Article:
Six cases of tracheal injury have been reported3,6,7,9 in the revised literature. However, only 1 case of injury to the right bronchial tree (bronchus intermedius) has been previously described.8 Prior radiotherapy to the mediastinum, prior mediastinal surgery, and a previous mediastinoscopy may increase the risk of complications.5,6 In case 1, the patient had no relevant past medical history, but there were hard peritracheal adhesions that are not usually found at first mediastinoscopy. In case 2, the expected adhesions secondary to prior mediastinoscopy were found. So, in both cases, peritracheal adhesions played their role in complicating the surgical procedure. Additionally, both injuries were caused by the use of the bipolar scissors. Bipolar scissors are useful to section thick adhesions that are difficult to manage with the suction-coagulation-dissector device, especially during repeat mediastinoscopy. In these 2 cases, we feel that adhesions prevented us from recognizing the limit of the bronchial wall, and the sharp tip of the scissors injured the bronchus. This type of injury is different from those previously described at mediastinoscopy. The injuries reported by Schubach et al8 were caused by the biopsy forceps, and those described by Puhakka,6 by the mediastinoscope itself.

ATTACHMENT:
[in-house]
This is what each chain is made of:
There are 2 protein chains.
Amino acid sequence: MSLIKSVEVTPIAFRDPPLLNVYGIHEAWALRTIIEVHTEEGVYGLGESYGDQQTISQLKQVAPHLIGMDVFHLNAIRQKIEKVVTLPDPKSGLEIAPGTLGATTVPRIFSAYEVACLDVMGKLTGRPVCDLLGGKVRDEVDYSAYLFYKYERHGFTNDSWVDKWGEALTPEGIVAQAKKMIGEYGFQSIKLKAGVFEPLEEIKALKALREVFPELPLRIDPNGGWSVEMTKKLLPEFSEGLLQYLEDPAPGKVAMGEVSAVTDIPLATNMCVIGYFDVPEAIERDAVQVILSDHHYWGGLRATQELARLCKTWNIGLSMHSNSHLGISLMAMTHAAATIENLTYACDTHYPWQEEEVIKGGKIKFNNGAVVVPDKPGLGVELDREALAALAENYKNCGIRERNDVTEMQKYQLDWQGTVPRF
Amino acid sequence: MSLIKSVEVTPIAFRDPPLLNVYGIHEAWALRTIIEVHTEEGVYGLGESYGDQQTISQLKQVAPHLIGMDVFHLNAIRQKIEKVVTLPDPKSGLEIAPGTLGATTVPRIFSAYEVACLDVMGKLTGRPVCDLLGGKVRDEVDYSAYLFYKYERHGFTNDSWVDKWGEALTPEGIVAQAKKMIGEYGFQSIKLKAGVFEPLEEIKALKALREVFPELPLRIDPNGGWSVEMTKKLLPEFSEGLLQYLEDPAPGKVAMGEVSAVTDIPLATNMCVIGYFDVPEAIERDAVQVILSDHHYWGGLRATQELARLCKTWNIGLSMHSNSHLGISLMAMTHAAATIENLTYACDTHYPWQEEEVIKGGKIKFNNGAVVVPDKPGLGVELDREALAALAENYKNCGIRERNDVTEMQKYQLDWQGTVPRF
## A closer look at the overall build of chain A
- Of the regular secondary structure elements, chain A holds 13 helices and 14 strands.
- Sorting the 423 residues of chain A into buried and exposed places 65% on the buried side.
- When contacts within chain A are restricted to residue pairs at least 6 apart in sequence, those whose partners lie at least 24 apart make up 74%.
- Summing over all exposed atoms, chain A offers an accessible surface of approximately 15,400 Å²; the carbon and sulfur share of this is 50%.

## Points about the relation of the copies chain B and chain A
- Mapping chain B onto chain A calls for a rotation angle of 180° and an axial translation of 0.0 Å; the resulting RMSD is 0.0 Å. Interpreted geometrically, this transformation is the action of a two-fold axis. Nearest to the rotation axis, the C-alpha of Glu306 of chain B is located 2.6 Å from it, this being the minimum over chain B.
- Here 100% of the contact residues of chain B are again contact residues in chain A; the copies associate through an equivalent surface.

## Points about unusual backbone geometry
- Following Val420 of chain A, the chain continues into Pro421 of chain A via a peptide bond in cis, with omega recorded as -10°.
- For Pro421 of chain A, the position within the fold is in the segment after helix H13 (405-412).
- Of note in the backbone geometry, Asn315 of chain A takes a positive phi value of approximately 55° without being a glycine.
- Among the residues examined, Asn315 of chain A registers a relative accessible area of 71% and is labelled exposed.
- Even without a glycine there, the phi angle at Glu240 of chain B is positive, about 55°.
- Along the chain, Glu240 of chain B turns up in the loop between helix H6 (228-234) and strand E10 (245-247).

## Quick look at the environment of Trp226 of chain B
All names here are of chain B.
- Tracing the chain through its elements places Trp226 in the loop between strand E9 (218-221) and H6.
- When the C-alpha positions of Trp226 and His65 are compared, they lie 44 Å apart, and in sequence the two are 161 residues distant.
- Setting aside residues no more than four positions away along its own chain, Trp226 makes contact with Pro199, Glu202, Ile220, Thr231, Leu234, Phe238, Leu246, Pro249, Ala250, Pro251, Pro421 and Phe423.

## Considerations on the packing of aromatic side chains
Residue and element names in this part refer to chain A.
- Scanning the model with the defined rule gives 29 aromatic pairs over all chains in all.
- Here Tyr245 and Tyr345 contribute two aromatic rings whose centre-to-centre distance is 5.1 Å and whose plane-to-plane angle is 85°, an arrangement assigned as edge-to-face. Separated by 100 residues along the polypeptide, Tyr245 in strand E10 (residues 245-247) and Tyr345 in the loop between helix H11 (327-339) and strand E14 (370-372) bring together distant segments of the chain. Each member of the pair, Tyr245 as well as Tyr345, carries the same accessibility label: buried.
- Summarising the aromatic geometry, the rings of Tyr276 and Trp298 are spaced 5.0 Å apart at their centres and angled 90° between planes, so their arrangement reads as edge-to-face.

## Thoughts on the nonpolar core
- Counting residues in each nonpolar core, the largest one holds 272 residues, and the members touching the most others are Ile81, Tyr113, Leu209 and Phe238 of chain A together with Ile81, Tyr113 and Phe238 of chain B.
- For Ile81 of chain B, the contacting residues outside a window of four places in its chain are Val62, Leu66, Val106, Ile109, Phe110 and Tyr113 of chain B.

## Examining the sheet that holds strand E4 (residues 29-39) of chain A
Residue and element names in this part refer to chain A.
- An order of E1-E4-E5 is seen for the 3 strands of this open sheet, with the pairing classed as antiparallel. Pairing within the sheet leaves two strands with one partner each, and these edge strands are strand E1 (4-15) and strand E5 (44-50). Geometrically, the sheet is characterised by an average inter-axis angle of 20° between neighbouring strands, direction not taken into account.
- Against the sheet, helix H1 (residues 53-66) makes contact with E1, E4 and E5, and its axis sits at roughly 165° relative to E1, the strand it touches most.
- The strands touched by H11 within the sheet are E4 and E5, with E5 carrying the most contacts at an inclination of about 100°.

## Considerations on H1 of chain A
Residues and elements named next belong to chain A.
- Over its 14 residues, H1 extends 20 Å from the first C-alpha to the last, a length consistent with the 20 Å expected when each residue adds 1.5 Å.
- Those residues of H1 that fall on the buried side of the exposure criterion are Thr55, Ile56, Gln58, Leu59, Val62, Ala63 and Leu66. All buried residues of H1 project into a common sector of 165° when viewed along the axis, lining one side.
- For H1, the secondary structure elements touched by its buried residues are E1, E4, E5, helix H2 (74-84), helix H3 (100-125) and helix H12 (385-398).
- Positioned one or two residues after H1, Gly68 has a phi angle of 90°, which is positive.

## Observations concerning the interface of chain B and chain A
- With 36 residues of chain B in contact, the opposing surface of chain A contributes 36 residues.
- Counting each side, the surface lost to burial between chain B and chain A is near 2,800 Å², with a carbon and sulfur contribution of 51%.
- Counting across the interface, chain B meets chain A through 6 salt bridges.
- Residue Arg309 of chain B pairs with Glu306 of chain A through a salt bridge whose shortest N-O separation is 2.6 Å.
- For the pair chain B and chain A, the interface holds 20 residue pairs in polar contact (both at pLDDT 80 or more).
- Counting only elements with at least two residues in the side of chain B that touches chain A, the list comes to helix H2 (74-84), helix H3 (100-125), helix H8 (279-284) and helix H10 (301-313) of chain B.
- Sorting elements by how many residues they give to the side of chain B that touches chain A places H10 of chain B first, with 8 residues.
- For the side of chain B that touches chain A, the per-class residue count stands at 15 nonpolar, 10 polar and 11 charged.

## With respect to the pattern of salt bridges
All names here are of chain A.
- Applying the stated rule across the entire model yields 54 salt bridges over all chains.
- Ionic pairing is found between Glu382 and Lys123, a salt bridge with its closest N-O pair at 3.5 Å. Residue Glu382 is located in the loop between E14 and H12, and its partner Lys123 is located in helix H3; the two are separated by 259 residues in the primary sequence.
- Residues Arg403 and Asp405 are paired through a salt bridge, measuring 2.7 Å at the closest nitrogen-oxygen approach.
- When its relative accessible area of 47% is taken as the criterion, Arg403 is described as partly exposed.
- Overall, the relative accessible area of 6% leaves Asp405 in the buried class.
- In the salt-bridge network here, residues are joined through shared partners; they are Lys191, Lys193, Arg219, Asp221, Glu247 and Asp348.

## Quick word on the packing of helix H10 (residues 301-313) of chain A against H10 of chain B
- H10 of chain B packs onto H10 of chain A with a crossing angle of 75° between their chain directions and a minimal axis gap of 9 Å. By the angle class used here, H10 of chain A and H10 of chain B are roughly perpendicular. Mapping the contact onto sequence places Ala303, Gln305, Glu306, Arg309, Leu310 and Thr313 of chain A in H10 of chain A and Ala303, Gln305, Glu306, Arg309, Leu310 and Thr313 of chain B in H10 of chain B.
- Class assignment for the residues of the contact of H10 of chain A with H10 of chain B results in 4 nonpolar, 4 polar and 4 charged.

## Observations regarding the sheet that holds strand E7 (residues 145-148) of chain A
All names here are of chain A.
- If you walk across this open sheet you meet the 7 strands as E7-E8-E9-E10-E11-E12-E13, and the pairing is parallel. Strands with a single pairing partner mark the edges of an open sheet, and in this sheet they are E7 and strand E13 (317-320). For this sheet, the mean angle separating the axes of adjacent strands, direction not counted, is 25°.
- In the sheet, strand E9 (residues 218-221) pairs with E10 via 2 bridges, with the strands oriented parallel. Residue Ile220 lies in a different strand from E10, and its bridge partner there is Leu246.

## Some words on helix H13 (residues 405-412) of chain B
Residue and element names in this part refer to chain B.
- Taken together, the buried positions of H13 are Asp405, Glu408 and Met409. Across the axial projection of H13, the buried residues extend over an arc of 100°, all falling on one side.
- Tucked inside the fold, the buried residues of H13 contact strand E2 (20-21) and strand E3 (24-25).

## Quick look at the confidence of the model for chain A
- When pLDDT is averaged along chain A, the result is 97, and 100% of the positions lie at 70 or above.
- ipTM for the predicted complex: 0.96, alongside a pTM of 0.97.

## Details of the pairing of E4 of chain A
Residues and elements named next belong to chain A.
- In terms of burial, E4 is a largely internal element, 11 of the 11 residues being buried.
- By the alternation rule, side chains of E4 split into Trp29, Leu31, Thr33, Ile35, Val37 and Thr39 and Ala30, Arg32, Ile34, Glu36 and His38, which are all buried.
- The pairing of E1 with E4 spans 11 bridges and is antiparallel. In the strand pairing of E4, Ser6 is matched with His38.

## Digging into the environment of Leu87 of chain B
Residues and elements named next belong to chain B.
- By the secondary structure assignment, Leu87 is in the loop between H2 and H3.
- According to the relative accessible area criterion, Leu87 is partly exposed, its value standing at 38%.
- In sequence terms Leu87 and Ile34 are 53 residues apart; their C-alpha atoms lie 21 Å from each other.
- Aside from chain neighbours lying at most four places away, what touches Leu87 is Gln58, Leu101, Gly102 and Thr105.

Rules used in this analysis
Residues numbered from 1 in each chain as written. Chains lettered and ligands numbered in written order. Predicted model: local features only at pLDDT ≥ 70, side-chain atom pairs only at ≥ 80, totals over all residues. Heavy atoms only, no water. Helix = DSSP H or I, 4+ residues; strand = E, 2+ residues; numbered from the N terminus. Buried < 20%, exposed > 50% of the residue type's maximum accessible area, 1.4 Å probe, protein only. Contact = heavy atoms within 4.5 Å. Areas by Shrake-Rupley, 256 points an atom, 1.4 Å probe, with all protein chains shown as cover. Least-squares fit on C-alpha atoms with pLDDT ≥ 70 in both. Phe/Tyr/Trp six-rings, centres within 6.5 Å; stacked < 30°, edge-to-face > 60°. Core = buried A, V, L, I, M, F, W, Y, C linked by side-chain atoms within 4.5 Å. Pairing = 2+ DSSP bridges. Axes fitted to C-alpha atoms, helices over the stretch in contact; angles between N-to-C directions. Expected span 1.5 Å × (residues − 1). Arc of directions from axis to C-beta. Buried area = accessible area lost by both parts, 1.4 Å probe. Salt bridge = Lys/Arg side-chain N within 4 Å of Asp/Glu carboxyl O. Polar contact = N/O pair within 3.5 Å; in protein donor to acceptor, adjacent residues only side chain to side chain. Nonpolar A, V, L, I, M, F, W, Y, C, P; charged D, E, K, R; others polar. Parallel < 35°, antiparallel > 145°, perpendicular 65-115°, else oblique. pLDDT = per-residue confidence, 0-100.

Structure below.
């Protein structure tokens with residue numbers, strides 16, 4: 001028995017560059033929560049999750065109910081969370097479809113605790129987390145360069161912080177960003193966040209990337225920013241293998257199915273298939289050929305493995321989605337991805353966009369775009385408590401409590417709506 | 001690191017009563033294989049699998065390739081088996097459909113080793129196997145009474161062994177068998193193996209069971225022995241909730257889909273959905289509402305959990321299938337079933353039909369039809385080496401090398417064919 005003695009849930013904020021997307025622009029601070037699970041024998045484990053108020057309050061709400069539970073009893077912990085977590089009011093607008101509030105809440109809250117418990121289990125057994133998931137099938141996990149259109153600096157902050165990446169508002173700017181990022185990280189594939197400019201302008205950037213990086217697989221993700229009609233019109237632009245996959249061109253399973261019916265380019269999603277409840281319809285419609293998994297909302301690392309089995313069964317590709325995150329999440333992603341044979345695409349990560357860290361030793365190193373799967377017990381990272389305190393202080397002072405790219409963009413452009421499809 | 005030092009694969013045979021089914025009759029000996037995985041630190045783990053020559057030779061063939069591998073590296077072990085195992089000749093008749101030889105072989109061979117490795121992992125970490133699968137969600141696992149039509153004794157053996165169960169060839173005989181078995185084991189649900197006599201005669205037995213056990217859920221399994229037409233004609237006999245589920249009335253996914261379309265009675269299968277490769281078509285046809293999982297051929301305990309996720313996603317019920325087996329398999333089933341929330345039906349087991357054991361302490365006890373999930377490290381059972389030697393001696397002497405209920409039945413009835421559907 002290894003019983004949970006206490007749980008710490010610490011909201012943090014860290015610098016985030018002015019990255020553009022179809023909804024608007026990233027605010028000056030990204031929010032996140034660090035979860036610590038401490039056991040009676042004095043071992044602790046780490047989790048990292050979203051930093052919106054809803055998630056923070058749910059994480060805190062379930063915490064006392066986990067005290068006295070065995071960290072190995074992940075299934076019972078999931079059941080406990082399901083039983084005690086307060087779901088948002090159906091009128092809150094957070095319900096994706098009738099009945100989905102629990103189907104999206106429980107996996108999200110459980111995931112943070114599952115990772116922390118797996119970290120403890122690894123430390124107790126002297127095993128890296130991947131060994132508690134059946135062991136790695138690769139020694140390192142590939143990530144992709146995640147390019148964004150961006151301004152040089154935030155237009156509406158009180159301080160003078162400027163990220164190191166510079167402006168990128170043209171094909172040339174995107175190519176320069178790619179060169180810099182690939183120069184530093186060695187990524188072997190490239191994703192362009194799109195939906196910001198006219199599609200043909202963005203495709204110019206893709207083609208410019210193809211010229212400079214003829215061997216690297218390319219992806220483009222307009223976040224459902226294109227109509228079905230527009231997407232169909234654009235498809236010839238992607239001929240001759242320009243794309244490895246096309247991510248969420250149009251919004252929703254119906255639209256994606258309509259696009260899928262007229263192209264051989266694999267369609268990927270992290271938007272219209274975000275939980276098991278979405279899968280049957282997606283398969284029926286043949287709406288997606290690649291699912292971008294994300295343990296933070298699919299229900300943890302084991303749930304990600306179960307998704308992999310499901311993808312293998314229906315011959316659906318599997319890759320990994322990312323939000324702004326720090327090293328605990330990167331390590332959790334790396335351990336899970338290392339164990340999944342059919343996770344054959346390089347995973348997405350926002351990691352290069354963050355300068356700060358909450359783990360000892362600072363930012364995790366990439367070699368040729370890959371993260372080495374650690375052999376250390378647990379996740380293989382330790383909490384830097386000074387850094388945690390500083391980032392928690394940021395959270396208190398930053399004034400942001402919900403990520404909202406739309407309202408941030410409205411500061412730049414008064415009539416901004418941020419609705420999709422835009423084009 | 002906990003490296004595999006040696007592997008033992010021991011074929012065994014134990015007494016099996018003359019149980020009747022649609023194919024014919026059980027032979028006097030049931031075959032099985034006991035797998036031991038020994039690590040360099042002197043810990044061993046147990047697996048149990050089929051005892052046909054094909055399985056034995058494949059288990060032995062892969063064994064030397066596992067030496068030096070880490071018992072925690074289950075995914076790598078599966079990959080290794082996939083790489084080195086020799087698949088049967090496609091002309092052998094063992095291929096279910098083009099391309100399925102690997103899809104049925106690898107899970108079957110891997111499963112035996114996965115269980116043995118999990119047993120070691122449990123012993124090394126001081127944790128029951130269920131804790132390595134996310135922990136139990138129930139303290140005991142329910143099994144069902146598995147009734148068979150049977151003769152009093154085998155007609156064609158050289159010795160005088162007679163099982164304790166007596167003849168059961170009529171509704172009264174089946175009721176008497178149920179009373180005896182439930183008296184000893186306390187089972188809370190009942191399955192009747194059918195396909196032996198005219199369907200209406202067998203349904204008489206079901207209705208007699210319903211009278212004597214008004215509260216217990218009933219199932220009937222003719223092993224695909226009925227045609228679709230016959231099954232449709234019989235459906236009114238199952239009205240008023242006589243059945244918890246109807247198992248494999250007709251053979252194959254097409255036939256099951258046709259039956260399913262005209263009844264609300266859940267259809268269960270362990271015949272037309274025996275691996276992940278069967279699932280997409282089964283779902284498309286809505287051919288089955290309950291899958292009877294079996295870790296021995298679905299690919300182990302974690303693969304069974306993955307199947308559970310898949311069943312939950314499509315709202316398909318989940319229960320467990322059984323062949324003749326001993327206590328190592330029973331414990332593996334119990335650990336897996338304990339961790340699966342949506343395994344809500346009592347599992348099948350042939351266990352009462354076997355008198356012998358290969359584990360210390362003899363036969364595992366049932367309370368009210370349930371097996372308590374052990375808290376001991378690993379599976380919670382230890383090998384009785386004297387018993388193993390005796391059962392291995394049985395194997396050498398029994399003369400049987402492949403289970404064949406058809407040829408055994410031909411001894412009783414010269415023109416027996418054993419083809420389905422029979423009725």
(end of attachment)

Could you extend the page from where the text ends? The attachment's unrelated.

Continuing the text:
Reported mediastinoscopic tracheobronchial injuries have been treated in 3 different ways. In the 3 cases of injuries on the anterior surface of the trachea, reported by Puhakka,6 hemostatic tissue was applied over the injury. This is how we treated the right main bronchus injury in case 2. This was a 0.3 cm injury, predictably not much bigger than those caused by a biopsy forceps. So, conservative management of these small injuries seems advisable. On the other hand, the injury at the tracheal bifurcation reported by Pereszlenyi et al7 and the injury at the bronchus intermedius described by Schubach and Landreneau8 required thoracotomy. In case 1, the injury on the anterior surface of the right main bronchus was 1 cm long, but was amenable to suture through the mediastinoscope, thus avoiding thoracotomy. This was possible because the 2-valve videomediastinoscope allows spreading the valves, providing a wider operative field that, in our case, was large enough to suture the injury with endoscopic needle holder. Finally, the injury at the right tracheobronchial angle reported in the review by Kirschner3 was successfully treated with a combination of hemostatic gauze tamponade followed by thoracotomy 48 hours later.

In conclusion, mediastinoscopic repair of small bronchial injuries caused by bipolar scissors during mediastinoscopy is worth trying, either by application of sealants or by direct suture, before relying on thoracotomy.

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video-mediastinoscopy; complications; mediastinoscopic bronchial injury